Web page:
TIA vs. stroke

Patients with TIA had less frequently a pathological finding in the TEE. This could be due to the fact that the initially suspected diagnosis "TIA" has a lower specificity with a broader range of other possible non-vascular etiologies such as migraine or focal seizures.


We found a higher prevalence of PFO and ASD in the younger patients (< 55 years). In contrast, Handke [10] reported that PFO are equally distributed in all age groups of patients with cryptogenic stroke. Despite these differences, relevant causes for cerebral ischemia can be identified in all age-groups. Therefore, a restriction of a TEE examination to younger patients with TIA/stroke is not supported by our data.

The current data does not allow a clear recommendation for PFO closure in patients with cryptogenic stroke. Further prospective studies are needed to decide on the clinical advantage of PFO closure, especially in patients > 55 years of age.

Cardioembolic factors – consequences

The TEE findings can have specific therapeutic consequences in all age groups (see table 4). Specifically, as the therapeutic consequence of LA-appendage thrombus is oral anticoagulation, its presence should be ruled out before further treatment is limited to platelet aggregation inhibition alone [13, 18].
Table 4

TEE findings in patients with ischemic stroke and their possible therapeutic consequences.

TEE finding

Possible therapeutic consequence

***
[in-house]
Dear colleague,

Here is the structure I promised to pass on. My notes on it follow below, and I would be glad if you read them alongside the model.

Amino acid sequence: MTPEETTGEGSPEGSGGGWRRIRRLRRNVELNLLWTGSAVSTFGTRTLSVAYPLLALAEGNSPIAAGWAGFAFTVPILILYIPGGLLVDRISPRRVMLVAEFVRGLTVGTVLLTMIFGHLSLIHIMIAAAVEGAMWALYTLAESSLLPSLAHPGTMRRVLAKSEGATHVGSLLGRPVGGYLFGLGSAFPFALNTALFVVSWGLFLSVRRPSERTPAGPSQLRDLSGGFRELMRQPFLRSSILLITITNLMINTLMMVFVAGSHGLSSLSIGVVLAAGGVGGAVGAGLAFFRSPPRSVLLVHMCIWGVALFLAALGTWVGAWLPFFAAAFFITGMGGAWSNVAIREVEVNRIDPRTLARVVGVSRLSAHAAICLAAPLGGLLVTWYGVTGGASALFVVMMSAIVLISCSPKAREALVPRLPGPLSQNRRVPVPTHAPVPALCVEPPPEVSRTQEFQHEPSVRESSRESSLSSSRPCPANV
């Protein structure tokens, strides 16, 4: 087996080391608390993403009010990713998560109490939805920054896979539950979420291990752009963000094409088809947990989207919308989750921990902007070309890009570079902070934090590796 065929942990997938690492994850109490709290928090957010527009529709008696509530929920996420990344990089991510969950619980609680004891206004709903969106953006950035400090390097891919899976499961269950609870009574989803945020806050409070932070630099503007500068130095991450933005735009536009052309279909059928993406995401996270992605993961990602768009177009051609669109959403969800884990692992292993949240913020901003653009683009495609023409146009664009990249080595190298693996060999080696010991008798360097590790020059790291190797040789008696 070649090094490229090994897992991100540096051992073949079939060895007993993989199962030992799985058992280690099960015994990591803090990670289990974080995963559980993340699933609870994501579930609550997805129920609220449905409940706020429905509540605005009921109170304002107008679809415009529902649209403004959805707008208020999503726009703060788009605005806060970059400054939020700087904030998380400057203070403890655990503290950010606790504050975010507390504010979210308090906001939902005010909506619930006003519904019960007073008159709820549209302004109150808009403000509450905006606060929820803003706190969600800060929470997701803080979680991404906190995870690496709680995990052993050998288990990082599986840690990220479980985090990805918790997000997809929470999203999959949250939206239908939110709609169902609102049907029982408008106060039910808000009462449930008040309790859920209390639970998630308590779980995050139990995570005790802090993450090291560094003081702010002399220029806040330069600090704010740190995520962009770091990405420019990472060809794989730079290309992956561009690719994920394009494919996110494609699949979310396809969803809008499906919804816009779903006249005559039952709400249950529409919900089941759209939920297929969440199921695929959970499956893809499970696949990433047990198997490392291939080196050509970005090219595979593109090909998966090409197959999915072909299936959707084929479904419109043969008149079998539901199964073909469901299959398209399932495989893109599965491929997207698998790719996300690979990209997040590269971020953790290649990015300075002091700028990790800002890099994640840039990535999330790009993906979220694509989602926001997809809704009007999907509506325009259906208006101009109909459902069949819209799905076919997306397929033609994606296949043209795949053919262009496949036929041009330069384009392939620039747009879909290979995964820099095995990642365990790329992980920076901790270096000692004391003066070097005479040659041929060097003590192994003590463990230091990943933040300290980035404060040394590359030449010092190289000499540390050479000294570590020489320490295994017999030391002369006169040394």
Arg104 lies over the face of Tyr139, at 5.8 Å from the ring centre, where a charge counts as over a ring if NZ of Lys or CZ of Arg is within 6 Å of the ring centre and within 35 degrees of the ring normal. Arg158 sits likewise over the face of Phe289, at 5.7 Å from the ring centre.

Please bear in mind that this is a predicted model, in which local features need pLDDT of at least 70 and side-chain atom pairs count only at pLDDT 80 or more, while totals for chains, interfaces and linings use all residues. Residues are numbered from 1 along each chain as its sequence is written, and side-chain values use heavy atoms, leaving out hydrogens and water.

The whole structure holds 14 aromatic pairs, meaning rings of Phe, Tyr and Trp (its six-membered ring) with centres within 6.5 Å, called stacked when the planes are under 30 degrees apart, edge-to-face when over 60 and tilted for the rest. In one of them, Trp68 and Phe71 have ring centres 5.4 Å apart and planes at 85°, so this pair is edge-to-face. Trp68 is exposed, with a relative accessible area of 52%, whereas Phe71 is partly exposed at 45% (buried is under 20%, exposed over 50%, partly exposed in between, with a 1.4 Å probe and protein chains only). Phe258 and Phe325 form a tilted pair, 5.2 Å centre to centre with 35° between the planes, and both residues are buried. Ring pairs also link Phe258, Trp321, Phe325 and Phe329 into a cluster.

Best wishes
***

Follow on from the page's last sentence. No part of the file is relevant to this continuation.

ASS, anticoagulation, operative or interventional device closure

aortic plaques

ASS, statin therapy

reduced LVEF

oral anticoagulation, ASS, coronary angiography, heart failure therapy

left atrial dilatation

further cardiological work-up

Spontaneous echo contrast

search for intermittent atrial fibrillation, oral anticoagulation

left atrial thrombus

anticoagulation, operation

thoracic aneurysm of the aorta

echo control, operation

mitral valve prolapse

antiarrhythmic therapy, echo follow-up, anticoagulation

aortic/mitral valve stenosis

timing of valve replacement

LA-appendage thrombus

oral anticoagulation


The association of ischemic stroke and PFO is still controversial: A recent large study in a multiethnic population did not confirm an association of PFO and the risk for an ischemic stroke [19]. However, two studies [20, 21]have seen a clear association of PFO and ASA in ischemic stroke.

The diagnosis of a PFO or ASA depends on experienced echocardiographers and has – even among experienced examiners – a high inter- and intra-observer variability [3]. Clear diagnostic criteria for intra-atrial defects could reduce the variability [9].

Surgical [22] or percutaneous closure of a PFO is a therapeutic strategy with somewhat inconsistent results [23, 24]. The percutaneous closure of a PFO after recurrent cerebral ischemia is a safe procedure and leads to a reduction of recurrence rates in the long-term follow-up. Only in a small number of patients, there was a residual shunt with subsequent TIA within the first six months after closure [25]. The recurrent ischemic events in these studies were attributed to a residual post-procedural shunt. Hence, improvement of occluder devices may further reduce the recurrence rates after PFO closure.